The ‘Perfect’ is the Enemy of the ‘Good’ (and other Lessons from Rolf Molich)
A couple of weeks ago, we had the pleasure of hosting Rolf Molich, a UX and usability pioneer who has been in the industry since 1984, at two events here in the UK. Rolf kicked off with a talk about ‘Ethical Dilemmas in User Experience’ at UX Sheffield (which we sponsor) followed by a slot at our very own half-day workshop, ‘What “Good” Looks Like in Usability Testing’.
At both events, Rolf was speaking in front of nearly 100 people – from some of the UK’s biggest brands – addressing and debating the key issues within UX and usability today.
Here are a couple of the most interesting topics that were discussed over the two days…
Ethical Dilemmas Aren’t ‘Black and White’ (So It’s OK to Say No)
Unsurprisingly, Rolf’s presentation at UX Sheffield about ethical dilemmas in UX contained examples of, well, dilemmas. What was surprising, however, was how often these dilemmas divided audience opinion. For example: when Rolf put forward the question, “Your manager asks you to design a gaming app aimed at children. You find out the client is Red Bull. What do you do?”, there was an interesting split between those who would go ahead and design it, no questions asked; those who would design it, but reluctantly; those who weren’t sure; and those who said they’d refuse.
But who’s right? Well, actually – nobody. Designing an app like this is within the remit of a UX designer’s job, so it wouldn’t be unreasonable for your manager (or a client) to ask you to take on a project like this… so, if you wanted to do it, there’s no reason you shouldn’t. That being said, if a project like this made you uncomfortable, there’s nothing wrong with saying “no”.
An example of a ‘dilemma’ that Rolf put to the audience at UX Sheffield
2 UX Designers Can Run Tests on the Same Site and Come Up With Different Results
Because the scope of most websites/apps (etc.) nowadays is so vast, it’s almost impossible to find all of the problems/issues a website has through user testing; in fact, you would need a huge amount of participants to even get close. So, it’s unsurprising that, with a relatively small number of participants, it’s possible to test the same website and come up with different conclusions. That doesn’t mean that either is wrong; it just means you need to be aware that there may still be remaining issues that have yet to be uncovered.
How You Make Your Participants Feel Matters
At both workshops, Rolf was keen to stress the importance of putting participants at ease during a usability testing session. As a UX professional, it’s your responsibility to make participants feel comfortable – at no point should they feel that they are the one being tested! You can do this by making eye contact with them, briefing them thoroughly, and making sure they are able to ask questions at any time. There’s also the matter of respecting their time; if you’ve invited them for a 45-minute session, do your best to keep the test within this time limit!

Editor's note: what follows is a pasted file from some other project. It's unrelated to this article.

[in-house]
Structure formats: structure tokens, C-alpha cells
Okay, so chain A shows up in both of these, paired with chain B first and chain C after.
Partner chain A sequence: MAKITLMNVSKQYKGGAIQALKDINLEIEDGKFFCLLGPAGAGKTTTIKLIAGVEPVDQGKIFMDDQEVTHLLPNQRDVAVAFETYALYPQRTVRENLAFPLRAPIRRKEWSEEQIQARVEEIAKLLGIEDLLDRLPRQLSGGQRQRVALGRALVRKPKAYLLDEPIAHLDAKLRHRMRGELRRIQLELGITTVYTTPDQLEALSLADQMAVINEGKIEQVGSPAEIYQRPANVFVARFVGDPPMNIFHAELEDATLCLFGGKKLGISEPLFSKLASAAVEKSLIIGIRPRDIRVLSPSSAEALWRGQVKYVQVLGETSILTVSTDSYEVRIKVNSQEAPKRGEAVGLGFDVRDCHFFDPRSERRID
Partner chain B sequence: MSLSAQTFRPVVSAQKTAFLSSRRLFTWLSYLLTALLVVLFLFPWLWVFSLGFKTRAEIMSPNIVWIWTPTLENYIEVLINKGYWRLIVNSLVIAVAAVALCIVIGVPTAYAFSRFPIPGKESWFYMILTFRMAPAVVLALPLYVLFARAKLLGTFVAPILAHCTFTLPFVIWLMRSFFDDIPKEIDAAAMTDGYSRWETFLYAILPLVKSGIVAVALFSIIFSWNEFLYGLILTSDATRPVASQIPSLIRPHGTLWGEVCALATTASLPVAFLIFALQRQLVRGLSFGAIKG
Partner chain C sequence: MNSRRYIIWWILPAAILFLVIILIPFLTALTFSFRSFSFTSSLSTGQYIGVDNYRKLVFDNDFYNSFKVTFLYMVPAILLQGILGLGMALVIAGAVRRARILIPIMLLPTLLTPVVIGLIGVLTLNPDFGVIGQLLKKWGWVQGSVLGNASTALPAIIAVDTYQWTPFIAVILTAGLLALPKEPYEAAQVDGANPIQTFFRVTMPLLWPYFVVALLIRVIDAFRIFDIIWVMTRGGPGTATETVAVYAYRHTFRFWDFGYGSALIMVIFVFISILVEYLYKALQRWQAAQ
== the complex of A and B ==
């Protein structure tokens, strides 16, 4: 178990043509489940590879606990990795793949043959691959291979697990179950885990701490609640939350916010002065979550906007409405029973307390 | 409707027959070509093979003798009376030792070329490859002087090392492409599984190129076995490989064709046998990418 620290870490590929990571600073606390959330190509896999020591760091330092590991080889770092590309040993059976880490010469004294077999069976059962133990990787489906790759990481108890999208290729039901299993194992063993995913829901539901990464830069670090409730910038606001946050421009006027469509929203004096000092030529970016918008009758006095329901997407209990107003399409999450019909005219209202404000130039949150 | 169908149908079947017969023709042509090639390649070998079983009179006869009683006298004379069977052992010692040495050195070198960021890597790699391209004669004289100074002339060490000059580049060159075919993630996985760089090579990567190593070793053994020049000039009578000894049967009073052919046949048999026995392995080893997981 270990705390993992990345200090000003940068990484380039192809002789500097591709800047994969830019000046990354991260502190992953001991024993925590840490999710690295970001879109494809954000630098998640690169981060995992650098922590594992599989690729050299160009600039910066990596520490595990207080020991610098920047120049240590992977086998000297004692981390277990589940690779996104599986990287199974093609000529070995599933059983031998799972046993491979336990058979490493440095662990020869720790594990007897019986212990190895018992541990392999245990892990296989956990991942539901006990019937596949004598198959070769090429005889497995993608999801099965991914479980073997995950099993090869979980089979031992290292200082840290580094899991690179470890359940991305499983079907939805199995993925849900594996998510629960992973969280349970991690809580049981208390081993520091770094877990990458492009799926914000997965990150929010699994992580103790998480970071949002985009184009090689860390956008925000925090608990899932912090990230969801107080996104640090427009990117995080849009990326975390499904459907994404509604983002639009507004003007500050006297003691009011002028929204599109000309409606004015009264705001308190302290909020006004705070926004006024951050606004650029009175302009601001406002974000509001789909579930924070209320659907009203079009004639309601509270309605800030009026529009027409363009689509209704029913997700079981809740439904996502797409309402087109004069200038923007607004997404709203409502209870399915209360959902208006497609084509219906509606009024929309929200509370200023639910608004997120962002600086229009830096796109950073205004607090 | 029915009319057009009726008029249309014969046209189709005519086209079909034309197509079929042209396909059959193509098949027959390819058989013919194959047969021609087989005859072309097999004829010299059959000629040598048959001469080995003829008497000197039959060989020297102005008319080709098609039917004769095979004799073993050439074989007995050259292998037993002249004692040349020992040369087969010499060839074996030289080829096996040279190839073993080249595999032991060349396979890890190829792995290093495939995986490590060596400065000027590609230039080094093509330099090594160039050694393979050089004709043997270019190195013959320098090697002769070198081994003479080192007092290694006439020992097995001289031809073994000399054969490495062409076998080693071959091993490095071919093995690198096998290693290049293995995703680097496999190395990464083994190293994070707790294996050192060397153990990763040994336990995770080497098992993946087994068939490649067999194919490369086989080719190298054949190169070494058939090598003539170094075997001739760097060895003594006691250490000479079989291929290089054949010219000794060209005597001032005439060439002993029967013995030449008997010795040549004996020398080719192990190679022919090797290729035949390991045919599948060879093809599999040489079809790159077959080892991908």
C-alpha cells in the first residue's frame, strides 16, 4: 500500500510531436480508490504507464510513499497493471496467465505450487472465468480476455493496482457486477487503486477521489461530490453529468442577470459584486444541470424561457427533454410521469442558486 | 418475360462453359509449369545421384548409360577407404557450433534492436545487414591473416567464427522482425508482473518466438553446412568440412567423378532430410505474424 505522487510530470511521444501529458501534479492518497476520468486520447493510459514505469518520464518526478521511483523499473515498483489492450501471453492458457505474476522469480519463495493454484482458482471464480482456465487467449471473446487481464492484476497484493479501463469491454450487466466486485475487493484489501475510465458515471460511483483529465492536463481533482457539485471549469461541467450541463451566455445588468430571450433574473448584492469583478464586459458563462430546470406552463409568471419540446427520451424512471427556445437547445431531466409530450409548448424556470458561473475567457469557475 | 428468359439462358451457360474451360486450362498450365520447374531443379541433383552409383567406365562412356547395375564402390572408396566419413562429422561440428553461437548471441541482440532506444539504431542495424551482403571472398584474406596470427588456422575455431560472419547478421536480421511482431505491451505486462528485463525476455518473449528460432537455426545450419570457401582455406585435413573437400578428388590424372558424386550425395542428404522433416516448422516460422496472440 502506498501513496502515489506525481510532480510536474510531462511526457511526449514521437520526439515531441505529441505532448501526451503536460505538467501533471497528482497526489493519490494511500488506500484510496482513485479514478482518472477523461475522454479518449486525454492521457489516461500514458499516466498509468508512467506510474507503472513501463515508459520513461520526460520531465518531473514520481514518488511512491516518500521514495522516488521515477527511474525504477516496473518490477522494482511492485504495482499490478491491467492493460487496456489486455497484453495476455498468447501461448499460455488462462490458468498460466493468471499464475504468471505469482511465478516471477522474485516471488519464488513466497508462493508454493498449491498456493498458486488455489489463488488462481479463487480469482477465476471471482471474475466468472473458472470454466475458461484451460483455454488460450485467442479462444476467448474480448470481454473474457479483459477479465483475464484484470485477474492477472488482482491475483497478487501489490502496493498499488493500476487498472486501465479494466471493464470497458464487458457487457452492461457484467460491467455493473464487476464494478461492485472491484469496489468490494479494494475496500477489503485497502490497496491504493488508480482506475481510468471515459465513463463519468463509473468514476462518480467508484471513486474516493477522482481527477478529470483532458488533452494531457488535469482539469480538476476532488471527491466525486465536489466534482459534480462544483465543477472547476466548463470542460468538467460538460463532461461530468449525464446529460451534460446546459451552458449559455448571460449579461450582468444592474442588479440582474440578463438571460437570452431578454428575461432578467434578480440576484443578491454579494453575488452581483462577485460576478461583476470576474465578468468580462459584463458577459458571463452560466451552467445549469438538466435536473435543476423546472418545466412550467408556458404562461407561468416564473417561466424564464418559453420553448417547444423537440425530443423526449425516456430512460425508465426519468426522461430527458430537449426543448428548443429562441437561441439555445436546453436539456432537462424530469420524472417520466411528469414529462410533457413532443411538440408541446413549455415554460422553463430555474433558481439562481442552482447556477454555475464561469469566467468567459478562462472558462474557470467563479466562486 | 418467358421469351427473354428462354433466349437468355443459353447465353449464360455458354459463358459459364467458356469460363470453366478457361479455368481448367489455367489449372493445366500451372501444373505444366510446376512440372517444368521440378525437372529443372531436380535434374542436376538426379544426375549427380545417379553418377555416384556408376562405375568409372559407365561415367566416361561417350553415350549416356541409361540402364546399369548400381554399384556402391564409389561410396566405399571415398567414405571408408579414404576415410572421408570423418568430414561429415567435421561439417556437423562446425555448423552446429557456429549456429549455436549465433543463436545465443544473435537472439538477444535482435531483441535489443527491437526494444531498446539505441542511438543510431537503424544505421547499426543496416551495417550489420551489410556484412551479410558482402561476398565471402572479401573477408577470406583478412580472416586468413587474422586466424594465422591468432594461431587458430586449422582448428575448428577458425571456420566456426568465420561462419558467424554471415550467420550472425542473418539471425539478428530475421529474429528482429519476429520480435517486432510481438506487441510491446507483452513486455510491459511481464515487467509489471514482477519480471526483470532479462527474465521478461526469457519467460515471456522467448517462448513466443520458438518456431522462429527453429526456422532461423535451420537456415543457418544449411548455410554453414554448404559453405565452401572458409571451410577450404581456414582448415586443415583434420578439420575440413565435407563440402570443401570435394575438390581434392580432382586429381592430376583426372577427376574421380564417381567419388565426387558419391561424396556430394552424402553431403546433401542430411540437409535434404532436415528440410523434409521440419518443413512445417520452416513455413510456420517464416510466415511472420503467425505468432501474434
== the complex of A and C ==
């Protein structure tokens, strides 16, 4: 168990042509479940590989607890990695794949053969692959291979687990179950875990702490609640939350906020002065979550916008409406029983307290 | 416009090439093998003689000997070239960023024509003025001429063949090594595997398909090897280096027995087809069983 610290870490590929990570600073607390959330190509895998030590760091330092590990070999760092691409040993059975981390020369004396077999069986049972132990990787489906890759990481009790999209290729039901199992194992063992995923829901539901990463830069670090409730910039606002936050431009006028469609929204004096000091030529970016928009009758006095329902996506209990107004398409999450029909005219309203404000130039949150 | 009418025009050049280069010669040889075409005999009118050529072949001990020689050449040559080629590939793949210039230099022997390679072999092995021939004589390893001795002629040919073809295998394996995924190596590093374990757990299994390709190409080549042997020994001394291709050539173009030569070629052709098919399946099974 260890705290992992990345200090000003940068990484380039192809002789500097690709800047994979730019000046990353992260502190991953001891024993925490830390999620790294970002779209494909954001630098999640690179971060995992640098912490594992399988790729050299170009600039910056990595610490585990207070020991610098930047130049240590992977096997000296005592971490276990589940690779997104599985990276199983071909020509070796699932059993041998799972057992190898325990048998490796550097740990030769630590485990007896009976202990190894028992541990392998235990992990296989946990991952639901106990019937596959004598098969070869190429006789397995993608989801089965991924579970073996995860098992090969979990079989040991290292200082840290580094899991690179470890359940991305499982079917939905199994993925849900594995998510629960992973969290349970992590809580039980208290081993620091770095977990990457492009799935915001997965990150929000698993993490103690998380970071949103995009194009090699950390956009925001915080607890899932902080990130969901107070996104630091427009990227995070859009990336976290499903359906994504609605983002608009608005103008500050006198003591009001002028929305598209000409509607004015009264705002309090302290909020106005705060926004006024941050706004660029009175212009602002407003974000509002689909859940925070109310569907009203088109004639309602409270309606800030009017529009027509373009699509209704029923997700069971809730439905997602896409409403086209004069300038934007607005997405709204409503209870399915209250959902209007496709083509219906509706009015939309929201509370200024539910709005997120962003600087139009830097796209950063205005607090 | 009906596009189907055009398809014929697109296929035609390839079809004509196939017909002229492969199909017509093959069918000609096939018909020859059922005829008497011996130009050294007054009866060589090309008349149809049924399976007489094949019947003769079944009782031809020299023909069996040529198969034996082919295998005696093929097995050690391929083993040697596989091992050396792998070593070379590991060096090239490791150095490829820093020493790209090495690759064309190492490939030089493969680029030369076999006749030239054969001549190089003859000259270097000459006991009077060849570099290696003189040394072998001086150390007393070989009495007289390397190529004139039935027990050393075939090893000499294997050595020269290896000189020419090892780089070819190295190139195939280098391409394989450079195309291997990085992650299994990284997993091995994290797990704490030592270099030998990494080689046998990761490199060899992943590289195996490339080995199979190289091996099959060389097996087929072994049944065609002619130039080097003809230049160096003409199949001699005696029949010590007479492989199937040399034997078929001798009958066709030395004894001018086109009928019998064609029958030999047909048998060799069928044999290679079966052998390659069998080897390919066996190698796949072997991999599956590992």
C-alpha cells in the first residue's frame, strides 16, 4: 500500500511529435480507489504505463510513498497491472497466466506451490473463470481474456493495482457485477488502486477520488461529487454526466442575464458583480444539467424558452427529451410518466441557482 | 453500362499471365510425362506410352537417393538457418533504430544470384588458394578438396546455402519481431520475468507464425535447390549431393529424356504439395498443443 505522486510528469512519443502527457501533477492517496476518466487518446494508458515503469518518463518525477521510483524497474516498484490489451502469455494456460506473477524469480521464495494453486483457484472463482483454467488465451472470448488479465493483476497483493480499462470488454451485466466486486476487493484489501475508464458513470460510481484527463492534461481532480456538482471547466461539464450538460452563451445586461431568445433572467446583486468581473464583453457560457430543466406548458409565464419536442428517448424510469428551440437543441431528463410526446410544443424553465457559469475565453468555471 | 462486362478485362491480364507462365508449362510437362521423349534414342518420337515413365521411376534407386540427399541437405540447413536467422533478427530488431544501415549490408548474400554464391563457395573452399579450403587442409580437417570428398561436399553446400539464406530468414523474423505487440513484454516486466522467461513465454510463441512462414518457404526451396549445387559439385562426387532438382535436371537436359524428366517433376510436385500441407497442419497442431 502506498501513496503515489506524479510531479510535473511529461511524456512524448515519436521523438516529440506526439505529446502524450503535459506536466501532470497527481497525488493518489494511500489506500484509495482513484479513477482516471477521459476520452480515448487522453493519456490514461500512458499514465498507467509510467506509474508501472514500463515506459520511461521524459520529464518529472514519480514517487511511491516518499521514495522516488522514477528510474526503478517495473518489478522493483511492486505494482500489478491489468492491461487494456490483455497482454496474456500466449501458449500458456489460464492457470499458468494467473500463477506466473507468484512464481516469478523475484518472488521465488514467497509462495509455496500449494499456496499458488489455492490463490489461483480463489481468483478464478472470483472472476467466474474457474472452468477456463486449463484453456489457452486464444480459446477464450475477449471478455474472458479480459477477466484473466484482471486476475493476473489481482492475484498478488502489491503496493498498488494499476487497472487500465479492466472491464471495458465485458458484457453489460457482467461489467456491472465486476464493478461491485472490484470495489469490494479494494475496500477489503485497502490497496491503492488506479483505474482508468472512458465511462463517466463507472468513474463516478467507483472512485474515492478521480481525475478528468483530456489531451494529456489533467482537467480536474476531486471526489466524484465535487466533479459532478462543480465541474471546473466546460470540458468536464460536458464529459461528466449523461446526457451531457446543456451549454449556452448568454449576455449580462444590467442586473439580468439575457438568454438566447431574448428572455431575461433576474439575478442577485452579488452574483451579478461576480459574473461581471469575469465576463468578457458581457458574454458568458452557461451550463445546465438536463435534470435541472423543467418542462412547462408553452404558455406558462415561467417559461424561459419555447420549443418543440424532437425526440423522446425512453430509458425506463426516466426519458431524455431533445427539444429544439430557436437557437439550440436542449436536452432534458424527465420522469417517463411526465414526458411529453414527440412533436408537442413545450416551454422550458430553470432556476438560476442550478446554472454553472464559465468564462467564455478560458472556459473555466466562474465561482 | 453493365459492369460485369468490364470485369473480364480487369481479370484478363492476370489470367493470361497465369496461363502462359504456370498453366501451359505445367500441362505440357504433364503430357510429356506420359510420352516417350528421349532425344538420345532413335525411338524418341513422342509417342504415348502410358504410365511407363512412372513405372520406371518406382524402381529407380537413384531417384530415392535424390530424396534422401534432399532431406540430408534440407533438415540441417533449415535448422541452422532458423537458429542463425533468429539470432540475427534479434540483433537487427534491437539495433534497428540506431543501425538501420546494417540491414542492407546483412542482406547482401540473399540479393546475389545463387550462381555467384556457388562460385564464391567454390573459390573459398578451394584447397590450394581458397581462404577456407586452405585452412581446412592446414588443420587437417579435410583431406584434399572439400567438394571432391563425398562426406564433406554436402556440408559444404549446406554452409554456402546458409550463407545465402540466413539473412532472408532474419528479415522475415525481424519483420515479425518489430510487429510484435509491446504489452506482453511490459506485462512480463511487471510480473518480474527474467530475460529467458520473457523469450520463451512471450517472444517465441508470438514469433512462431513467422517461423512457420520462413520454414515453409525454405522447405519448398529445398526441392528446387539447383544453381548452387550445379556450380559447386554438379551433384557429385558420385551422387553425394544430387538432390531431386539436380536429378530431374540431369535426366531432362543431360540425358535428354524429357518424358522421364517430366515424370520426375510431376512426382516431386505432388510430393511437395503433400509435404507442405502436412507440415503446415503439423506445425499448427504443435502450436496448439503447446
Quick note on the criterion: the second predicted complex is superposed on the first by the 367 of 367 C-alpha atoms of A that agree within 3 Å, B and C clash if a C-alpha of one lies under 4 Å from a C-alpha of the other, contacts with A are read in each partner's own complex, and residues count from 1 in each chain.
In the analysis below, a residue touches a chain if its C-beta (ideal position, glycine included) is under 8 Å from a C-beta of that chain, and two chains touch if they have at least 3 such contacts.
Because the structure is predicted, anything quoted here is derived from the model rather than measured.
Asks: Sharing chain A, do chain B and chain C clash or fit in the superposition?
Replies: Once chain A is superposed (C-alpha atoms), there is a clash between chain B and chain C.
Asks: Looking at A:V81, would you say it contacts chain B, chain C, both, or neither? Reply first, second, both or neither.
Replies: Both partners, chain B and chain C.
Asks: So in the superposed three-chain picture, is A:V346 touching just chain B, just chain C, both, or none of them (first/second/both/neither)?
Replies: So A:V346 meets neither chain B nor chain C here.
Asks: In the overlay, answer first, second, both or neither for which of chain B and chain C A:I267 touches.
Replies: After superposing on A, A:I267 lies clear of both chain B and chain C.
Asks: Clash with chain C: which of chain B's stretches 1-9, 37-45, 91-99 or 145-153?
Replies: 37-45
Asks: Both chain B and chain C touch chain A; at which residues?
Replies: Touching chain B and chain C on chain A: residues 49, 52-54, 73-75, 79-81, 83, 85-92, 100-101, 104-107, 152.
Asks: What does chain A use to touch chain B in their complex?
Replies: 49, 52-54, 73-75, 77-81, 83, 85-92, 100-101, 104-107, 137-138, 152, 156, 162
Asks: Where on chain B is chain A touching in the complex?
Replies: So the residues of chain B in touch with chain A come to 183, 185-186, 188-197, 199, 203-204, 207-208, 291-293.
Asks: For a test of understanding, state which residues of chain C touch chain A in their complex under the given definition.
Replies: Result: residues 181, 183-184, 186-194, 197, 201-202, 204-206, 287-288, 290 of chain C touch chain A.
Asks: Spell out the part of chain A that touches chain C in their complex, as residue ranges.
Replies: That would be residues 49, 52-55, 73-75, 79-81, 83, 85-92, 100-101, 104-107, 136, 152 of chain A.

Usability Tests are About Behaviour – Not Emotion
Usability tests are hugely useful for finding the flaws in a user journey or user interface; if you watch five different people make the same error or the same incorrect assumption, it’s likely that you need to make changes. But what a usability test can’t do is tell you what the user thinks or feels about the web page they’re on or the journey they’re going through. Usability tests are about watching behaviours, not assessing an emotional response.
Rolf summarising his talk about usability moderation at the Goldsmiths’ Centre
The ‘Perfect’ is the Enemy of the ‘Good’
We all want to strive for perfection in what we do. But sometimes, this need to do things perfectly can actually hinder us more than help. For example, at our London workshop, an attendee asked Rolf whether there was any point in them doing testing on their own site; they couldn’t ever be completely objective, so what was the point? Of course, there is logic to this viewpoint; ideally, you would have an impartial third-party to help you get the best, most objective results possible. But doing some testing – even if it’s moderated in a (somewhat) biased way – is better than doing nothing. Going back to the second point: if we went for perfection (finding every single issue in a website) every time we tested, it would be so time-consuming – and costly – that it wouldn’t be worth doing.
Did you make it to UX Sheffield or our UX workshop? If so, what were your key takeaways from Rolf Molich’s talks? Let us know in the comments!
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